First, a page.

The first is Youth and Sports Minister Khairy Jamaluddin who mocked the need to protect satire that is “racist, xenophobic, bigoted.” Posting on Twitter in response to the US Embassy Kuala Lumpur which said satire should be protected because it is “intended to provoke thought,” Khairy alluded that exceptions had to be made when the content of the satire is offensive. “Even racist, xenophobic, bigoted satire? Please. I condemn the murders. Like I condemned the cartoons,” he posted on Twitter.
This response coming from the UMNO Youth Chief is beneath contempt. It will deservedly haunt him for the rest of his political life. If he thinks that people or organisations that are racist, xenophobic and bigoted deserve to be murdered in cold blood, he needs to look into the mirror himself before he repeats this message.
The other Malaysian whose response is reverberating over the internet is former Prime Minister Datuk Seri Dr Mahathir Mohamad. He has said that Charlie Hebdo had on numerous occasions showed disrespect towards Islam and often derided Prophet Muhammad via caricature.
“Is there a need for them to ridicule Prophet Muhammad knowing that they are offending Muslims? We respect their religion and they must respect our religion,” he said when commenting on the killings.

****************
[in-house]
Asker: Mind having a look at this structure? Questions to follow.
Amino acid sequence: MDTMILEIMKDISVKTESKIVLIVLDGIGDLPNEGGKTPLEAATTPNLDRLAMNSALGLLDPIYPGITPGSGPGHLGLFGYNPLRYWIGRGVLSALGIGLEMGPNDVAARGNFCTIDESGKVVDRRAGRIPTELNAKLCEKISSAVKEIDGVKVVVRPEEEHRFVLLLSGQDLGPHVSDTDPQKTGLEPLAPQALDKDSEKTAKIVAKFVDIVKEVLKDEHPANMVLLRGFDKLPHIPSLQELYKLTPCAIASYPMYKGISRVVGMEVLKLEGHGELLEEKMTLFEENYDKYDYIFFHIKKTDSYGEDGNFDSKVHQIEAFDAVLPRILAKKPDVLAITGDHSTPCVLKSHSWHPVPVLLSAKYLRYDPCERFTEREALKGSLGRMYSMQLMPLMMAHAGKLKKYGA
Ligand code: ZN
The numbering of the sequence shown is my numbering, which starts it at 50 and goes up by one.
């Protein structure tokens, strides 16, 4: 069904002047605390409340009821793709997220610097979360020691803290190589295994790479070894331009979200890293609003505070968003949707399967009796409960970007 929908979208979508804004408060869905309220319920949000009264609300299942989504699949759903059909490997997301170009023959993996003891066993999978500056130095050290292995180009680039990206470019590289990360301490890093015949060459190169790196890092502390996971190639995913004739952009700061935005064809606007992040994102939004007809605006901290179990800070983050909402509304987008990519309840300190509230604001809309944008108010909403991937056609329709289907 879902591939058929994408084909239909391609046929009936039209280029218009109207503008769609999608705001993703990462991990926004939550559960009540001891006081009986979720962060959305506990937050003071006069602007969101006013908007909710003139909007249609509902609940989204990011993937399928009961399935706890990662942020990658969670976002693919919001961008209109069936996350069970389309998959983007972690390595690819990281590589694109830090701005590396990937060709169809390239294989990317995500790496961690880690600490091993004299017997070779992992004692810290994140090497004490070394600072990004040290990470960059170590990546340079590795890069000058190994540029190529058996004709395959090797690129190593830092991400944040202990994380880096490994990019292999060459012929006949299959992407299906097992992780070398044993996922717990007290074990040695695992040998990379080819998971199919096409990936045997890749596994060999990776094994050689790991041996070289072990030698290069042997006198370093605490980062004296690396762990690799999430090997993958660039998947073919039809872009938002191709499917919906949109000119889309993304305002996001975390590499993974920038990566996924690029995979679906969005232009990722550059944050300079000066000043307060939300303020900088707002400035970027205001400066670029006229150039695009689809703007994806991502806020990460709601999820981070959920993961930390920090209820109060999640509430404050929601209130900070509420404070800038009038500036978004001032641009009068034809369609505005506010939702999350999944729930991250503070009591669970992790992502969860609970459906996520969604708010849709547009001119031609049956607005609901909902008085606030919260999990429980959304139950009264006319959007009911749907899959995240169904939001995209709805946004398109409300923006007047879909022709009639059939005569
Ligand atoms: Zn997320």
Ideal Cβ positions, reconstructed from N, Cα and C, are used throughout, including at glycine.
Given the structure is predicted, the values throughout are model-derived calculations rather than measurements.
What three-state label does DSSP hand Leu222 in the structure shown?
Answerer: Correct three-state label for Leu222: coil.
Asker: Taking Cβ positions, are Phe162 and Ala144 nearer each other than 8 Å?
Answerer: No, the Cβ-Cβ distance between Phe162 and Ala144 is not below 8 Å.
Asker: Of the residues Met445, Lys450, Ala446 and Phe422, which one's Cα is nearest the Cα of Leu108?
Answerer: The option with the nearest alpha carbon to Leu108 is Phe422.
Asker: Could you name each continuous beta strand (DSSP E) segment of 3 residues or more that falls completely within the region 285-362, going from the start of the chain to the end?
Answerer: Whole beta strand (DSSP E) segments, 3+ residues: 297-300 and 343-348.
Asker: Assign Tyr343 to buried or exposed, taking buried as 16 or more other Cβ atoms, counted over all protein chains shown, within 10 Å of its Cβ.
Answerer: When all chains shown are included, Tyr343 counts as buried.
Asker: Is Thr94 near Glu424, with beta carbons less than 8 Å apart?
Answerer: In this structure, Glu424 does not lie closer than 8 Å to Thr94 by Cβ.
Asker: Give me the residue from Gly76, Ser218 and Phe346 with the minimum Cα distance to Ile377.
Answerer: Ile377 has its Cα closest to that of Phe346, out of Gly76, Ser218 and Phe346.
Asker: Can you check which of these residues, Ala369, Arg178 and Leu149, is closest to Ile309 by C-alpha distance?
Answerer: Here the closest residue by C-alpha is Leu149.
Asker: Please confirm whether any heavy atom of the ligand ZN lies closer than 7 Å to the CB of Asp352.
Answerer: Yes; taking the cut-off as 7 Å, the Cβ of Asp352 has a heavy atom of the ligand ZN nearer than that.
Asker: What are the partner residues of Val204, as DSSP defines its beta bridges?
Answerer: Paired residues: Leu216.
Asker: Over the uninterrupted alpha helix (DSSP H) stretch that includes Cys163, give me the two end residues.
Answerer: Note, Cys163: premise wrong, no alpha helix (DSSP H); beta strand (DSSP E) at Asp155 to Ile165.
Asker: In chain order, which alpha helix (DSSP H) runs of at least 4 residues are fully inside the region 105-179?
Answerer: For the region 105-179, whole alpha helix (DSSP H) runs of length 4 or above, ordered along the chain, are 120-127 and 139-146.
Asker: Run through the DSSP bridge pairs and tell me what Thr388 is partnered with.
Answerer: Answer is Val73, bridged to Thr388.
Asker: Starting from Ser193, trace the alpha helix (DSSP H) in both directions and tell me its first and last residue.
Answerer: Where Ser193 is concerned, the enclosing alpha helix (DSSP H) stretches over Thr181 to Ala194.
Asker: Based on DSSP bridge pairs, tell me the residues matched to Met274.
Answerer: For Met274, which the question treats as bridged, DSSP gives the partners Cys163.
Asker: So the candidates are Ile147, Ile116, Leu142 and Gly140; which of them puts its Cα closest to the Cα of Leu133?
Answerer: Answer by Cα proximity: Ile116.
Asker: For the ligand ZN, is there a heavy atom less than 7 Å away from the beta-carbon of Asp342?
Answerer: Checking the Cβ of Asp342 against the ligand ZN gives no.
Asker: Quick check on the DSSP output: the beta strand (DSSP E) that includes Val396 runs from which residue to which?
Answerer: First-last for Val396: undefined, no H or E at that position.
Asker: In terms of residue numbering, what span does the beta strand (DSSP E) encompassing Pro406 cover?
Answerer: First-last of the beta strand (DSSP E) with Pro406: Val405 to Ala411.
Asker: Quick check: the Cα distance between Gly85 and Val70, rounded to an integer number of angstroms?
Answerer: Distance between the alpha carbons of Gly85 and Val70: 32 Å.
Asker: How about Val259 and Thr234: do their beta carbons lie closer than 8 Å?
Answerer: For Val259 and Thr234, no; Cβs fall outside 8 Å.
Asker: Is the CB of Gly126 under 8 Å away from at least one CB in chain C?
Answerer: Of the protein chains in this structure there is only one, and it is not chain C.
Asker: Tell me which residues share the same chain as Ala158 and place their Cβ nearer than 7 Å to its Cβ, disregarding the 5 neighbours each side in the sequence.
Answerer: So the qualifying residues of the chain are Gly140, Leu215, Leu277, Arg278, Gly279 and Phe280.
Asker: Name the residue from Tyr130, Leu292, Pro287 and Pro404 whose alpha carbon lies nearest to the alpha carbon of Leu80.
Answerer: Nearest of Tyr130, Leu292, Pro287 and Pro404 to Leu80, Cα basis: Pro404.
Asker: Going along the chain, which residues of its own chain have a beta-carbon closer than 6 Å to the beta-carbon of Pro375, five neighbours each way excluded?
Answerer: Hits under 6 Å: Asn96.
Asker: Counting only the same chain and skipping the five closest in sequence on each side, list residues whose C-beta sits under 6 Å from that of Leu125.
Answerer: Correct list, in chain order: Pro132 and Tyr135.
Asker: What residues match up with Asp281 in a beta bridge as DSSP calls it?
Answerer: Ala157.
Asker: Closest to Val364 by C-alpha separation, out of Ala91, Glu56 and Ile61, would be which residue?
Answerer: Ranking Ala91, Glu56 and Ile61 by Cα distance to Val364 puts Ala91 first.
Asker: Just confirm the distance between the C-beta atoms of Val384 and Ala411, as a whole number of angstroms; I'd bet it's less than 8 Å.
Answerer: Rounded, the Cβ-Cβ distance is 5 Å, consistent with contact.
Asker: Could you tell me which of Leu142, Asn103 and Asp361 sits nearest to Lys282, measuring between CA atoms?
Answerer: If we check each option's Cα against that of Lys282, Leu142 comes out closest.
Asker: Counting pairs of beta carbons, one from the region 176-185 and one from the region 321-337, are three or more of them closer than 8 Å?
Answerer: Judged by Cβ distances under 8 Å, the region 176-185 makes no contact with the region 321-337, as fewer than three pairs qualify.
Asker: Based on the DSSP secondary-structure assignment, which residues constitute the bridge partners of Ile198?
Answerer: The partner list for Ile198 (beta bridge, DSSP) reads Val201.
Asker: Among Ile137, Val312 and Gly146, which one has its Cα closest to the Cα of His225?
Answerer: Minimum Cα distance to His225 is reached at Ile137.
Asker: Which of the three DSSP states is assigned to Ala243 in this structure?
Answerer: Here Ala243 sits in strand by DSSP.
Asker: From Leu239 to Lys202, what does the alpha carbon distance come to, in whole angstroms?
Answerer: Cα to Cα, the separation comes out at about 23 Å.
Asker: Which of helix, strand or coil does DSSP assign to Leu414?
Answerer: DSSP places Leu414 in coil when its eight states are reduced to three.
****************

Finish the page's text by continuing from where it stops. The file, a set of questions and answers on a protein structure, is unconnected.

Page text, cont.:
By his stance, Dr Mahathir is implying, even if he is not directly saying it, that violence is justified against those who do not accord the respect towards Islam that he and his fellow Muslims think the religion deserves. Dr Mahathir has made a great many cynical, inflammatory and instigative statements in the past. This set of comments must rank amongst his most odious.
In some ways, the attack on Charlie can be considered to be the equivalent of the United States 911 terrorist attack on the Twin Towers. Like the Twin Tower event, the impact of the killings will be long lasting. It will lead to the hardening of European and world public opinion towards Muslims and Islam. That cannot be good.
Unfortunately the comments by Dr Mahathir and Khairy are not helpful in any way. They will lead to the stigmatisation of Muslims even as they embolden Muslim extremists to engage in “revenge” acts aimed at punishing those (including from their own religion) who do not show the proper respect or are perceived to be disrespectful towards their religion.